While these practices may have helped the smaller cleaning contractor offer more competitive bids, it was not always beneficial for the cleaning worker. With no health insurance, for instance, what does a cleaning worker do if they are sick or injured on the job? Cleaning is considered a higher risk job in the U.S. and many other parts of the world. Handling and mishandling powerful cleaning chemicals, as an example, can be potentially dangerous and has resulted in scores of injuries. If injured and faced with staggering health care expenses, many injured workers often have no choice but to declare bankruptcy.
A cleaning contractor with a sustainability program in place makes sure his or her staff is not put in such a difficult situation. Workers have health care benefits, are paid equitably, and treated fairly so that they can lead a healthy, dignified, and valuable life. We should add that this also means giving back to the local community. An example of giving back is Green Apple Day of Service. A cleaning contractor has the opportunity to provide cleaning or consulting to a local school or school district to help improve the health of a school facility.
The Profit Component
The first thing we must discuss about the profit component of sustainability is what it is not. A business is in business to make money, and this also means that a cleaning contractor employing sustainability initiatives is in business to make money. With that clarified, the profit component of sustainability includes such things as the following:
>Charging clients fair amounts for their services
>Ending practices, such as those discussed earlier, that are designed to focus only on profits, no matter how it impacts workers, the local community, or the cleaning industry in general
>Ensuring that the company remains profitable and grows
>Being transparent in business operations; one way some contractors do this is to include in their bid proposals how their charges are determined such as how much goes for workers, worker supervision, products, equipment, etc.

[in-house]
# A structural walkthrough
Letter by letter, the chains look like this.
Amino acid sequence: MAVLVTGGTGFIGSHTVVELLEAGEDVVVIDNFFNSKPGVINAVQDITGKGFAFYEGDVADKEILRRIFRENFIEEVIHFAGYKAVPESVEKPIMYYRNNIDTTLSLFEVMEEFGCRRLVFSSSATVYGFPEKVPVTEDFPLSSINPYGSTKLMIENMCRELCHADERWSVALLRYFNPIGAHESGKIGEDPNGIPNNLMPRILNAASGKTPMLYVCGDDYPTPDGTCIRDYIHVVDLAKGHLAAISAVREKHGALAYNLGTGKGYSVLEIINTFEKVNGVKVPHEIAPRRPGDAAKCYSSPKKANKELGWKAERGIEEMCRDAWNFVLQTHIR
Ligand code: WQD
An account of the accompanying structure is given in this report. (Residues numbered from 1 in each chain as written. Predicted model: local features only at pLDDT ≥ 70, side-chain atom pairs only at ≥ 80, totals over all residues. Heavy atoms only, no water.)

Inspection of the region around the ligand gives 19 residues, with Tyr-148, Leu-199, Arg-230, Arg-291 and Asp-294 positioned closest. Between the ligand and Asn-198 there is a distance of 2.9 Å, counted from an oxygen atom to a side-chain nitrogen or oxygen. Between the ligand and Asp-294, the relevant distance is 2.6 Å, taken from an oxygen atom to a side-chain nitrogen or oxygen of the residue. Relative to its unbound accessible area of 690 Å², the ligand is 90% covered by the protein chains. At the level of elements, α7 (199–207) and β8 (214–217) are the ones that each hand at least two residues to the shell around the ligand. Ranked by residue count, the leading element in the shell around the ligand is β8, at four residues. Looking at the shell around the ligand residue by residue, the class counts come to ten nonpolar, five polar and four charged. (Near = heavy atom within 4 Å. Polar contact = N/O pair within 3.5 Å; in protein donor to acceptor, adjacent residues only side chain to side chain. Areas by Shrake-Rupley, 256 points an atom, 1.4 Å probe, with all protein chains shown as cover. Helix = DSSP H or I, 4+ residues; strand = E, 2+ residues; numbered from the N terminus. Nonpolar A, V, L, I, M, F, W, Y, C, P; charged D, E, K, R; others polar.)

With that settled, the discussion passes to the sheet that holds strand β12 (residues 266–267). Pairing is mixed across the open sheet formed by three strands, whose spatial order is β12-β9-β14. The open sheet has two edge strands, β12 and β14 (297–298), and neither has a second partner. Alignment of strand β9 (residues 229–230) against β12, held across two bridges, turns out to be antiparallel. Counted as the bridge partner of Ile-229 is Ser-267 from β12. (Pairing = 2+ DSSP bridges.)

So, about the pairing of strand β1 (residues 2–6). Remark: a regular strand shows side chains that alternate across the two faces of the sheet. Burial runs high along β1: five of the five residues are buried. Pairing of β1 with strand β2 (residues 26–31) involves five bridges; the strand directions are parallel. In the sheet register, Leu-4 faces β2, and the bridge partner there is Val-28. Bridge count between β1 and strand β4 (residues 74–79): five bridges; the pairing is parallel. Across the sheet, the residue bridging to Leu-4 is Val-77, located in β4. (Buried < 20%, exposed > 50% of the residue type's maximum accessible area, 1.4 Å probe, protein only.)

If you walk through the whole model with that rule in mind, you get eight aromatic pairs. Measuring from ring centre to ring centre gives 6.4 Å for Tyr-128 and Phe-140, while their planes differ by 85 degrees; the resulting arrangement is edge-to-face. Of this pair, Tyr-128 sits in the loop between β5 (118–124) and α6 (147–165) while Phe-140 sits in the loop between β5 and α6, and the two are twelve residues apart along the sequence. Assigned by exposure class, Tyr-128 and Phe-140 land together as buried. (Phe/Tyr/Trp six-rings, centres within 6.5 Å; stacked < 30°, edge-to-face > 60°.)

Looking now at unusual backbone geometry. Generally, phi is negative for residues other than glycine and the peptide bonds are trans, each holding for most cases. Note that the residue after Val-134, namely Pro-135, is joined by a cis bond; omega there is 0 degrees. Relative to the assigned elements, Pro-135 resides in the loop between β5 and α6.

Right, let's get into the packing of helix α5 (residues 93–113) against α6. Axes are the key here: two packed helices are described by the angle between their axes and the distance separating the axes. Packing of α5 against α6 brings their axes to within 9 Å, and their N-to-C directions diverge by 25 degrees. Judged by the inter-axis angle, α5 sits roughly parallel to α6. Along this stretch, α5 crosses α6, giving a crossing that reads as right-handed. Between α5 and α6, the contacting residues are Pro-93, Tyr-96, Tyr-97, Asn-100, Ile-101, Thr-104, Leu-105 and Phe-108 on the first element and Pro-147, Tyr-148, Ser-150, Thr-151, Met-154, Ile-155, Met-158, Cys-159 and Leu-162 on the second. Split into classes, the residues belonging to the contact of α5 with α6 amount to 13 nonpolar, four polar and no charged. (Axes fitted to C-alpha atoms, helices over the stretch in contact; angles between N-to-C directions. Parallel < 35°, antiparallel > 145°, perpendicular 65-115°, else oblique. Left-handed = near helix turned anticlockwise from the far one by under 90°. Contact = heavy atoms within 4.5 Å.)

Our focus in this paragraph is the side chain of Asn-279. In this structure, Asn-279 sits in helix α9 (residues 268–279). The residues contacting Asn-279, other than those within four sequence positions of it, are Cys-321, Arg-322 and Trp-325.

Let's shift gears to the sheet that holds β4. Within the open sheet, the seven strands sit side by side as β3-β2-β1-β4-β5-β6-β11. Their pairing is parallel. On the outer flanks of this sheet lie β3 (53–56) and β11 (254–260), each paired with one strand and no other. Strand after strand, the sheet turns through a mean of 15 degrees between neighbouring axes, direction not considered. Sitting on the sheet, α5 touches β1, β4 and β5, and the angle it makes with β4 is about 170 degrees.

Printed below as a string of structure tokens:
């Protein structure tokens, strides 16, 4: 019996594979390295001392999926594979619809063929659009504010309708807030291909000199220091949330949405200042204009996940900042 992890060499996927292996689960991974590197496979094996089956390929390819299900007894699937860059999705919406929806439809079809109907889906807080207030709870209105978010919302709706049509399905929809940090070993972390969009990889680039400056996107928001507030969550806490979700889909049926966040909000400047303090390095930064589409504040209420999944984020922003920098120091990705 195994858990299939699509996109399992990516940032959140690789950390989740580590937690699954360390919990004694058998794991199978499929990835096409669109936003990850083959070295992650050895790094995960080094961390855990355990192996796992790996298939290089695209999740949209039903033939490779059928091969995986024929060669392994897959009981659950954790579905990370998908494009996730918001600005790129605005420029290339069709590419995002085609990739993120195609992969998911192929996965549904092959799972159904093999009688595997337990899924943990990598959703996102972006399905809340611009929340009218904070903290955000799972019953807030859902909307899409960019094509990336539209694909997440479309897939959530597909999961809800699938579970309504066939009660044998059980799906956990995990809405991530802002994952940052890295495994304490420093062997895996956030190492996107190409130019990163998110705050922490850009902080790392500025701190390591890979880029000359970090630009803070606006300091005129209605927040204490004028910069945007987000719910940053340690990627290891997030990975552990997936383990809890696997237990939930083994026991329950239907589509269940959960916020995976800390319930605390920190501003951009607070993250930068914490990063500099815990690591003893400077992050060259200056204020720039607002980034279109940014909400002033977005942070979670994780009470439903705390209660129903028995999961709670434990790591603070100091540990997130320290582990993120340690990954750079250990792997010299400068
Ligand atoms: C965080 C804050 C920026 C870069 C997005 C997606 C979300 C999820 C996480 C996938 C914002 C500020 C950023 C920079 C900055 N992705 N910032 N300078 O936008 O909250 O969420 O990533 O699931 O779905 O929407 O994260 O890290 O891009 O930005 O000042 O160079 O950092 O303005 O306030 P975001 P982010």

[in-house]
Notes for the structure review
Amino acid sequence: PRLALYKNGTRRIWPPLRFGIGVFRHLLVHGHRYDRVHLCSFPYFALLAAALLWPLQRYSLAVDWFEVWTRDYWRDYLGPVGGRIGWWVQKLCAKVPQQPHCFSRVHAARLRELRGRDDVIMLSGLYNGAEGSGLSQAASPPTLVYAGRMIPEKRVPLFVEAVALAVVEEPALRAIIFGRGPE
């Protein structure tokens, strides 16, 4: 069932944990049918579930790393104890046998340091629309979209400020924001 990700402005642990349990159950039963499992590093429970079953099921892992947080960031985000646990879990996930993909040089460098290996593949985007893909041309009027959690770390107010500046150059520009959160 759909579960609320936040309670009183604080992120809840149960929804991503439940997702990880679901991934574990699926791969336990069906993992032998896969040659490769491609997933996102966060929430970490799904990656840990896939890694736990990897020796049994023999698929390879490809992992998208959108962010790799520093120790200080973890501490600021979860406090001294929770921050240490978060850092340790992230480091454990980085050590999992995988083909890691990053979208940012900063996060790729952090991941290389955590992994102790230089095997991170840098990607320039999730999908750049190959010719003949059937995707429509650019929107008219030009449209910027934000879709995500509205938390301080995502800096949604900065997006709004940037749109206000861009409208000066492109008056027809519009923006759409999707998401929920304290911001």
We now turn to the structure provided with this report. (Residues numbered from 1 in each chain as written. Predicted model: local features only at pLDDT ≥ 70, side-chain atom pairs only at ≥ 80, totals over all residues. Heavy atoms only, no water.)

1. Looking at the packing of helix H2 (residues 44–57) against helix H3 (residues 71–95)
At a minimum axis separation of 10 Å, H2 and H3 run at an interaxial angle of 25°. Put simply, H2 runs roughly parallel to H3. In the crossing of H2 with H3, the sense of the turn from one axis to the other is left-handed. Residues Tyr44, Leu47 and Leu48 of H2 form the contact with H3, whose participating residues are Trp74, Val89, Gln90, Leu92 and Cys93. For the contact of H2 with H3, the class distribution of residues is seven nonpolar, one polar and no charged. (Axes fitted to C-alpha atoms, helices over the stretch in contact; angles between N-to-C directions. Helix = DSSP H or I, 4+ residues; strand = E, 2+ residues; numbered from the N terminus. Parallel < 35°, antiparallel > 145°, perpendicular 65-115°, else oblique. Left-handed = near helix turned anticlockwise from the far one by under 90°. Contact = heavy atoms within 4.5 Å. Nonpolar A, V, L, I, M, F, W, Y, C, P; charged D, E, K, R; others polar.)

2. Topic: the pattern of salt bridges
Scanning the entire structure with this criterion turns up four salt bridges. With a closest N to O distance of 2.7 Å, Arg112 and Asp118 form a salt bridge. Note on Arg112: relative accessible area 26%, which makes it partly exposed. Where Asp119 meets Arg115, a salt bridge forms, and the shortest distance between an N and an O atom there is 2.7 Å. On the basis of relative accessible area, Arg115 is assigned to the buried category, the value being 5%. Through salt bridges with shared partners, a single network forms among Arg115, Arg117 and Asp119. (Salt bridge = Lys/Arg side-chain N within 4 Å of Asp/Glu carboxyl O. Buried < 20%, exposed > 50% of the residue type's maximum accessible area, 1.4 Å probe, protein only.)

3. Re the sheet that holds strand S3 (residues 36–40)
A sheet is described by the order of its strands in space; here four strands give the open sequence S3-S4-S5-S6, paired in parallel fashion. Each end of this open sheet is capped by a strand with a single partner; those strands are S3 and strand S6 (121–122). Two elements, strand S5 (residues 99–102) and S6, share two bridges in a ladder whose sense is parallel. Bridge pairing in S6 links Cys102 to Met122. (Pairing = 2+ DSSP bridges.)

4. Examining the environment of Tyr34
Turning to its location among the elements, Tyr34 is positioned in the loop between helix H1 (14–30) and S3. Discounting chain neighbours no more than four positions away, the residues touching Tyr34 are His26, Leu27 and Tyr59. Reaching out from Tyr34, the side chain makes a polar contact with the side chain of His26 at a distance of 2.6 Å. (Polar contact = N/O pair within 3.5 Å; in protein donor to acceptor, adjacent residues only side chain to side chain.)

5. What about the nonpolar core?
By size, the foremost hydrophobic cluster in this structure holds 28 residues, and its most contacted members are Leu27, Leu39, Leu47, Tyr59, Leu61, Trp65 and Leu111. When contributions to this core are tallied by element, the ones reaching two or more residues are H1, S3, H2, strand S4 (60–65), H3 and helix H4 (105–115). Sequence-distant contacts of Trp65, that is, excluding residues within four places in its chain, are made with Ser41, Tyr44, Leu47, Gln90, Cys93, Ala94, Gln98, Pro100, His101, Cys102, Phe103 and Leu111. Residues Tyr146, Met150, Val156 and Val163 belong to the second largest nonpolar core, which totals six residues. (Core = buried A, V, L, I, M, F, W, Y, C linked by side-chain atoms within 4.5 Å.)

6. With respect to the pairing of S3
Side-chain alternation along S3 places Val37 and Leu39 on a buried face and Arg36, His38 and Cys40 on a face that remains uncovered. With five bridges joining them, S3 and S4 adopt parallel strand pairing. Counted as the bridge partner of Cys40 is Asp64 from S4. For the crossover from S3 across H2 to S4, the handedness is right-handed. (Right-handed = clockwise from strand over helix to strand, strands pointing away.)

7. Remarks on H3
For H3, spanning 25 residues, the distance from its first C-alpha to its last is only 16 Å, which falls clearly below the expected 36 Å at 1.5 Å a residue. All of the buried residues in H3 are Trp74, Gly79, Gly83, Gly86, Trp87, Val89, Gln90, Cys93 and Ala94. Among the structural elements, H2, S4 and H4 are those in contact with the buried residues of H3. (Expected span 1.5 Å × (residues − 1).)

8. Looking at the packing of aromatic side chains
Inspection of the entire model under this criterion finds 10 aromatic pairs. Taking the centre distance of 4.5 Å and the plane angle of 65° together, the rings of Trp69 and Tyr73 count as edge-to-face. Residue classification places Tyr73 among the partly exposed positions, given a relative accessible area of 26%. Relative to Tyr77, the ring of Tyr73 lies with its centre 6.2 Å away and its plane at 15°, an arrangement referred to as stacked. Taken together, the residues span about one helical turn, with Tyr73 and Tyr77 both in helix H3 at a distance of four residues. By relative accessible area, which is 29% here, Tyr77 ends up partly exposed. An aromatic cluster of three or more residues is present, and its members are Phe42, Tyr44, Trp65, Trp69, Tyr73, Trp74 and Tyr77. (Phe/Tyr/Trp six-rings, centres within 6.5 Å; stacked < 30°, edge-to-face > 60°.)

>Supporting local businesses to spread economic benefits within local the community
>Complying with all government regulations regarding professional cleaning and workers
Sustainability and a New Vision
When a cleaning contractor adopts these sustainability initiatives, they are actually creating a new vision for their companies. No longer is the focus just on profits, but all of the sustainability items we have just discussed. Visions serve many purposes, but most importantly they can define what your company is all about.
Such visions can inspire workers to support your company and become stakeholders in your business vision as well. This can result in greater staff loyalty, enhanced customer satisfaction, and less turnover…of workers and customers.
It also can set your business apart from your competitors. Just as Green Cleaning was used as a marketing tool years ago, a contractor that has adopted sustainability practices can use the change as a marketing tool today. And with sustainability likely to be one of the most important considerations in business operations in the future, it means many opportunities are likely to evolve.
Stephen P. Ashkin is president of The Ashkin Group, and the professional cleaning industry’s leading advocate for promoting sustainability. He is also CEO of Sustainability Dashboard Tools, which offers a cloud-based dashboard that allows organizations to measure, report and improve their sustainability efforts. He is the coauthor of both The Business of Green Cleaning and Green Cleaning for Dummies